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CHALLENGES 2006-2007: A ‘New Nepal’ for All?

Marty Logan

KATHMANDU, Dec 22 2006 (IPS) - Cycle and foot traffic will swell on the two-lane highway that runs through Nepal’s ‘tarai’ (plains region) Dec. 25. Normally the road teems with buses that pack passengers onto their roofs and careen from stop to stop, speeding trucks with squealing brakes and a few personal cars. But the Nepal Sadhbhawana Party (NSP)has called a general strike on that day and motorised vehicles risk being attacked by mobs.

The NSP, which represents the plains people (‘madheshis’ in Nepali), is protesting last week’s signing of an interim constitution in this small South Asian nation wedged between giants India (to the south) and China. It says the document maintains the region’s exclusion from power.

While much of the media, leaders of the governing seven-party alliance (SPA) and their Maoist counterparts praise the interim law as the latest stop on the road to peace, the strike will be a reminder of how much remains to be done to address long-standing grievances against the Nepali state – the reasons for which the Maoists said they launched their uprising a decade ago.

Nepal is a nation of 27 million people dominated by the fewer than one-third who make up the so-called ‘high castes’ according to Hindu orthodoxy. These few groups rule over other lower-caste Hindus – particularly ‘dalits’ or ‘untouchables’ – 59 officially recognised groups of indigenous people, Muslims and other minorities. Their power centre is the capital Kathmandu.

All that is supposed to change in the ‘new Nepal’, the nation that is emerging from April’s ‘people’s movement’, when the SPA and then still-at-war Maoists warily united to lead hundreds of thousands of marching, chanting protesters onto streets across the country to force King Gyanendra to relinquish direct rule.

The arrogant monarch was their immediate target but the housewives and civil servants, who joined young activists on the streets, were also protesting 10 years of civil war that killed 14,000 Nepalis, forced 100,000 or more to flee their village homes to barbed-wire encircled district towns or farther a field, and clouded much of the nation in fear and suspicion. Many also demanded an end to corruption, to the acute poverty that marks many people’s lives outside the capital and for the sharing of power among all Nepalis.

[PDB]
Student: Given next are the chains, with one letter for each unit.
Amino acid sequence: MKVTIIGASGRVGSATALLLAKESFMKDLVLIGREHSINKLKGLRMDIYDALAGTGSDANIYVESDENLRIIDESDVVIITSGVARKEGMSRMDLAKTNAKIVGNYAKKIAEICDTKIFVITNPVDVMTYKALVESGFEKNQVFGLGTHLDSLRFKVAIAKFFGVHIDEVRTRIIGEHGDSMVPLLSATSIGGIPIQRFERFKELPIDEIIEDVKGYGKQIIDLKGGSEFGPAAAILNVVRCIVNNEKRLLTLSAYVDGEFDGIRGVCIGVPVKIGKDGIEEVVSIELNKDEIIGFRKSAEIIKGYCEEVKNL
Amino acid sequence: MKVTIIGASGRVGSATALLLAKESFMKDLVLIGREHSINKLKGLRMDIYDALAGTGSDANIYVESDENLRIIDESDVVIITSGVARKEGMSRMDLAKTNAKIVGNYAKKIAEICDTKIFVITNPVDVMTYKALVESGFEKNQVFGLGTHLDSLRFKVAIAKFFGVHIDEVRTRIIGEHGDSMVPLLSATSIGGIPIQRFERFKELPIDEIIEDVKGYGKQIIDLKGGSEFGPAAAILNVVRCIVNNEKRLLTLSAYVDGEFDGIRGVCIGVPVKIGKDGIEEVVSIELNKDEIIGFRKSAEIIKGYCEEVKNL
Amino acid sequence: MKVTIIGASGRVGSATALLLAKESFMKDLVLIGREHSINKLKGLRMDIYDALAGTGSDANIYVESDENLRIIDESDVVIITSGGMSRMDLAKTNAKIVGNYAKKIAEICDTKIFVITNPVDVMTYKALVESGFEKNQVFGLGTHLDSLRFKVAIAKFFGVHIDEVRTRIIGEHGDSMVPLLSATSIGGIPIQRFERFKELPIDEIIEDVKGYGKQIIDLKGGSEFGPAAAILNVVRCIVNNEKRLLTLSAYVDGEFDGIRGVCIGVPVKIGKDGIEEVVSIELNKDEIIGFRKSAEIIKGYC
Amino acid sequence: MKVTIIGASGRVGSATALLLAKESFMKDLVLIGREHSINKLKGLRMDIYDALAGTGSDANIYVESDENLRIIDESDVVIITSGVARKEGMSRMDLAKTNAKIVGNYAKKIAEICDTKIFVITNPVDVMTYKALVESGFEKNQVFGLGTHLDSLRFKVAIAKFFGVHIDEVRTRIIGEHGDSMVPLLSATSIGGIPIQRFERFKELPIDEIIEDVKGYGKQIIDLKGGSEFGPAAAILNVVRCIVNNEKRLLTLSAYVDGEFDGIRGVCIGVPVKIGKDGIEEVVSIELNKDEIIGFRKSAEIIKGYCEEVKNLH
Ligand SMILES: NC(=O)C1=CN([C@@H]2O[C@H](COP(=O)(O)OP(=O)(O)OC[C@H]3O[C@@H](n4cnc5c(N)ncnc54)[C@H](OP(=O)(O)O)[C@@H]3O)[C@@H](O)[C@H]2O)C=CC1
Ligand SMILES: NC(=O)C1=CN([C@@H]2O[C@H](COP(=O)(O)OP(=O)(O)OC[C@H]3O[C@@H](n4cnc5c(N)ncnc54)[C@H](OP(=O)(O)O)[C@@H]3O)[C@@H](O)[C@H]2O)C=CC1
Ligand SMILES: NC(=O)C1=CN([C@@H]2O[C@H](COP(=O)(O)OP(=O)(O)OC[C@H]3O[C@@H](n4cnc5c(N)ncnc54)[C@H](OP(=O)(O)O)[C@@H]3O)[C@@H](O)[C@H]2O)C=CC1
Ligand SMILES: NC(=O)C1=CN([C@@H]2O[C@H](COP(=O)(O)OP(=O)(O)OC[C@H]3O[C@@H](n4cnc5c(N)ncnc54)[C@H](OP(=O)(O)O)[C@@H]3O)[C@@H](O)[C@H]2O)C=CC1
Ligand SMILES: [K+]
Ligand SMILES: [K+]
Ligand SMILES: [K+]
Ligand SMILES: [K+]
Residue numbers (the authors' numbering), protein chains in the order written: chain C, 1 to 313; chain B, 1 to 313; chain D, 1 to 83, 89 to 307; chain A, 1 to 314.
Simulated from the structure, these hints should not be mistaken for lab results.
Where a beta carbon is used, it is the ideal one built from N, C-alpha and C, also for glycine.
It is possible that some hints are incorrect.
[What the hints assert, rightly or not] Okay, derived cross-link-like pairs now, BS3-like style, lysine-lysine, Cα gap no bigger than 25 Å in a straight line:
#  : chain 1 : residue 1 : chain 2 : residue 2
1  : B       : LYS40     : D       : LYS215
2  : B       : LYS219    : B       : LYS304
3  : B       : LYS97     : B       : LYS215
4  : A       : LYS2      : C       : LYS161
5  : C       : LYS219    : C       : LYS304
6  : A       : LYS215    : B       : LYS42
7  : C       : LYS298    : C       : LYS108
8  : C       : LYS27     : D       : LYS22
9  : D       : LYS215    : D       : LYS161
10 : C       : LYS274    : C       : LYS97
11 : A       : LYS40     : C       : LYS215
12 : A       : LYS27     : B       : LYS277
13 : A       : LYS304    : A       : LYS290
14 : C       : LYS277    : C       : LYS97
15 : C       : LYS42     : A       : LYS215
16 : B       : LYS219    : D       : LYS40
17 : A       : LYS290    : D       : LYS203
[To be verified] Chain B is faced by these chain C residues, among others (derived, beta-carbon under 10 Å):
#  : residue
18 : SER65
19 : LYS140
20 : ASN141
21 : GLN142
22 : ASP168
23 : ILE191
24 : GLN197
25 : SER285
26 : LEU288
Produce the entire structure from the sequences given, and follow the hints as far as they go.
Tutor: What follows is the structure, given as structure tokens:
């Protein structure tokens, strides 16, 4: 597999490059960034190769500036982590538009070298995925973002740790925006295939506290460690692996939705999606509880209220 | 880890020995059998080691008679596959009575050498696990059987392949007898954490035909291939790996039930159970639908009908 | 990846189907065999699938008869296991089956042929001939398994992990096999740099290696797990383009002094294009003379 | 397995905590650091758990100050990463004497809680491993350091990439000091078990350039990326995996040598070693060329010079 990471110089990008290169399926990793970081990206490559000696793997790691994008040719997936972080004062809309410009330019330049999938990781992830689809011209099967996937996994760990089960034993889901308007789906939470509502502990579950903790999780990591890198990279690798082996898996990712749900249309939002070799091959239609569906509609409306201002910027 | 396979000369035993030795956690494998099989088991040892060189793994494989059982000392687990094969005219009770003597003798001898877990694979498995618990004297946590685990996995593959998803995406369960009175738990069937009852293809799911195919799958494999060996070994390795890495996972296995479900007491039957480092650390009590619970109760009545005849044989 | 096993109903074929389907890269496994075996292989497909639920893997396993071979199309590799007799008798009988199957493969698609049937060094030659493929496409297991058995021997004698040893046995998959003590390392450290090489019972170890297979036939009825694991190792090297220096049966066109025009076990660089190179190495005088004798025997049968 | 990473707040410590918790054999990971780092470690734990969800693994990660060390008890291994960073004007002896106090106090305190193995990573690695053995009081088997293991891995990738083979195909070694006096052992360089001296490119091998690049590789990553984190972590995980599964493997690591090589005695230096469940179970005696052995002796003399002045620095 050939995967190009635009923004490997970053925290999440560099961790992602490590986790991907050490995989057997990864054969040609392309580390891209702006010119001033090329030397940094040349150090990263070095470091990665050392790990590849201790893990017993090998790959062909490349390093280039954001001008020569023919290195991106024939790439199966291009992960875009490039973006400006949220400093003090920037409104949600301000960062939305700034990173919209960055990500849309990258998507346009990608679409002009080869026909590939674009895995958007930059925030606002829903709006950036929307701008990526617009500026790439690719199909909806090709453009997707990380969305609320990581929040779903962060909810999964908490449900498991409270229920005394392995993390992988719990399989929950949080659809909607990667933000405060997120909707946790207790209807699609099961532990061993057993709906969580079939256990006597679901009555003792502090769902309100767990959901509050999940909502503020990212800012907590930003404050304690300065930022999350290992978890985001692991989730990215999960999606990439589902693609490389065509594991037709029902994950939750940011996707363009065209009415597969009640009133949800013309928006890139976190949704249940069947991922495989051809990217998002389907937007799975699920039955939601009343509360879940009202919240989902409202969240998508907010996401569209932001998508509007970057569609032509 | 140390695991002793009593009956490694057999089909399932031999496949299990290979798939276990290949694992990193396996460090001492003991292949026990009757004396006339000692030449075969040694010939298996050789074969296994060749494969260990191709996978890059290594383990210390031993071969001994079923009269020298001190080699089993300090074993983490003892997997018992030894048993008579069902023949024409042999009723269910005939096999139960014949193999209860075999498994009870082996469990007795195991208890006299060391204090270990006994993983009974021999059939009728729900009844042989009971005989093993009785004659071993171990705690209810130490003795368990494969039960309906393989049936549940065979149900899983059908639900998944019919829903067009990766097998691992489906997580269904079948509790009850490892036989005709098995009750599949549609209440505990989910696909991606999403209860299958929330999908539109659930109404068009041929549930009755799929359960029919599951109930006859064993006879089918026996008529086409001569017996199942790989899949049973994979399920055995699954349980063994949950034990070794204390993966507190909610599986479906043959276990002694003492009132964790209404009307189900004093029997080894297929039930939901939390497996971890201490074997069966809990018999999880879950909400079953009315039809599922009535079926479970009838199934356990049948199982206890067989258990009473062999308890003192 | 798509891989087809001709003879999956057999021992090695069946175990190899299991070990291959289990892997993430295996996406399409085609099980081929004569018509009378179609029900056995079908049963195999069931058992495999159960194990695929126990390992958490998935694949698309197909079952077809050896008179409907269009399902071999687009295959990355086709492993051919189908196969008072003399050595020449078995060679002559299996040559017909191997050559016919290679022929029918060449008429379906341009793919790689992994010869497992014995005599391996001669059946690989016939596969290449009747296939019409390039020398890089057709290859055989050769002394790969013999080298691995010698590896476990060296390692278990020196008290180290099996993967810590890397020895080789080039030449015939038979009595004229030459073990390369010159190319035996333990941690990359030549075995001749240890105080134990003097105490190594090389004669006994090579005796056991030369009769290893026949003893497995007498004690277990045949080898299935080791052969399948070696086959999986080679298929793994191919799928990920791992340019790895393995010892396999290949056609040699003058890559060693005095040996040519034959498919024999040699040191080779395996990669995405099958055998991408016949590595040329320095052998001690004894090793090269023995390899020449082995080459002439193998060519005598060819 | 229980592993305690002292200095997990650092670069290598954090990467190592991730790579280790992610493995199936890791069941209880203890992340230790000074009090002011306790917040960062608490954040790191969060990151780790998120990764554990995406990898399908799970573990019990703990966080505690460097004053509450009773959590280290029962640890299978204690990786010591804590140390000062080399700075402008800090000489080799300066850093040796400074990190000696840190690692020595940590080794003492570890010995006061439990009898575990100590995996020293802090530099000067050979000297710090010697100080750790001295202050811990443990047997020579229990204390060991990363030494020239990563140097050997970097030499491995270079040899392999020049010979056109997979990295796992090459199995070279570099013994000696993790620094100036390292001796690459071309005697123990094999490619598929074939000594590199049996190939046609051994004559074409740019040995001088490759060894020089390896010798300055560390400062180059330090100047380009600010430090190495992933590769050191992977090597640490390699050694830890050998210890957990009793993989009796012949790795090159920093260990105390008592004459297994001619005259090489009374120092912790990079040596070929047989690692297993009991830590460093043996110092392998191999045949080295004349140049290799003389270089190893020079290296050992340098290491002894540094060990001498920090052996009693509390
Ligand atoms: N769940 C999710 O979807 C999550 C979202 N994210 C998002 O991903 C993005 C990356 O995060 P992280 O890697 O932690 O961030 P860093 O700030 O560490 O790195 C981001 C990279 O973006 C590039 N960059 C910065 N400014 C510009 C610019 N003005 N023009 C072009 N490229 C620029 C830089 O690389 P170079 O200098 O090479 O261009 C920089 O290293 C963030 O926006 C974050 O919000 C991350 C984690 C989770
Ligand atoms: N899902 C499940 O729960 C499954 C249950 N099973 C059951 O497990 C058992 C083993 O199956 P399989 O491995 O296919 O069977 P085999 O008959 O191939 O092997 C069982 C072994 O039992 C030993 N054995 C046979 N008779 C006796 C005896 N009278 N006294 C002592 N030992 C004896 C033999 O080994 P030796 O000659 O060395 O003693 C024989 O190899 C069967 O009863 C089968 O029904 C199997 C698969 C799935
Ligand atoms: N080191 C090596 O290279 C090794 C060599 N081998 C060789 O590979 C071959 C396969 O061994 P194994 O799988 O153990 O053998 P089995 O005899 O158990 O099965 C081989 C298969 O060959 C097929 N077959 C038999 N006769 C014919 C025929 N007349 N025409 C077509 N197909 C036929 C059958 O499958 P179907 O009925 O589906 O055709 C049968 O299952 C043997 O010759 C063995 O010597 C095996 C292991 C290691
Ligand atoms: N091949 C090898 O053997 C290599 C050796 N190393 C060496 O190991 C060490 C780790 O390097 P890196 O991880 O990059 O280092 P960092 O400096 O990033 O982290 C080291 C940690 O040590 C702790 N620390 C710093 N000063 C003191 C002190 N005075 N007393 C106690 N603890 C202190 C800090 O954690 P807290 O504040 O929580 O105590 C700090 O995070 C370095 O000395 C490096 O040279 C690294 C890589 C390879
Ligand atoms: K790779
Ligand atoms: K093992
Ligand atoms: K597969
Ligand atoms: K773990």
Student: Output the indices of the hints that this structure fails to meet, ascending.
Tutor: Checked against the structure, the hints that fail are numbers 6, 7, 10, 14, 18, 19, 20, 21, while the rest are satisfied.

“We, the people, were successful in bringing down an ignorant crown, but the mendacity of the parties and the Maoists still reigns over us,” says the report of a new group, Namuna Nepal, released this week. Its analysis of a sampling of the new administration’s appointments “proves that your government is functioning without regard for broad based representation and ignores the people’s voice and aspiration”, it adds.

Namuna Nepal found that 62 percent of positions went to Brahmins, who account for 13 percent of the population – the same proportion as dalits. But the latter group received only one percent of the postings. Women did somewhat better, getting seven percent of the appointments.

“Till the minority rule of one caste/class (is) uprooted, the majority of citizens will not see justice and fair play in the light of day,” adds the report. “If the new constitution does not involve social inclusion, the peace resolution will only diminish the human rights of most Nepalese and will further fuel a civil war based on caste/ethnicities and gender rights,” says Namuna Nepal.

An end to the eight-month peace threatened this week when armed, Maoist cadres left their designated camps to protest the government’s announcement of the appointments of 14 ambassadors. (They returned hours later). Their leaders said the move, just weeks before the former rebels will join an interim government, violates the Comprehensive Peace Agreement (CPA) signed Nov. 21.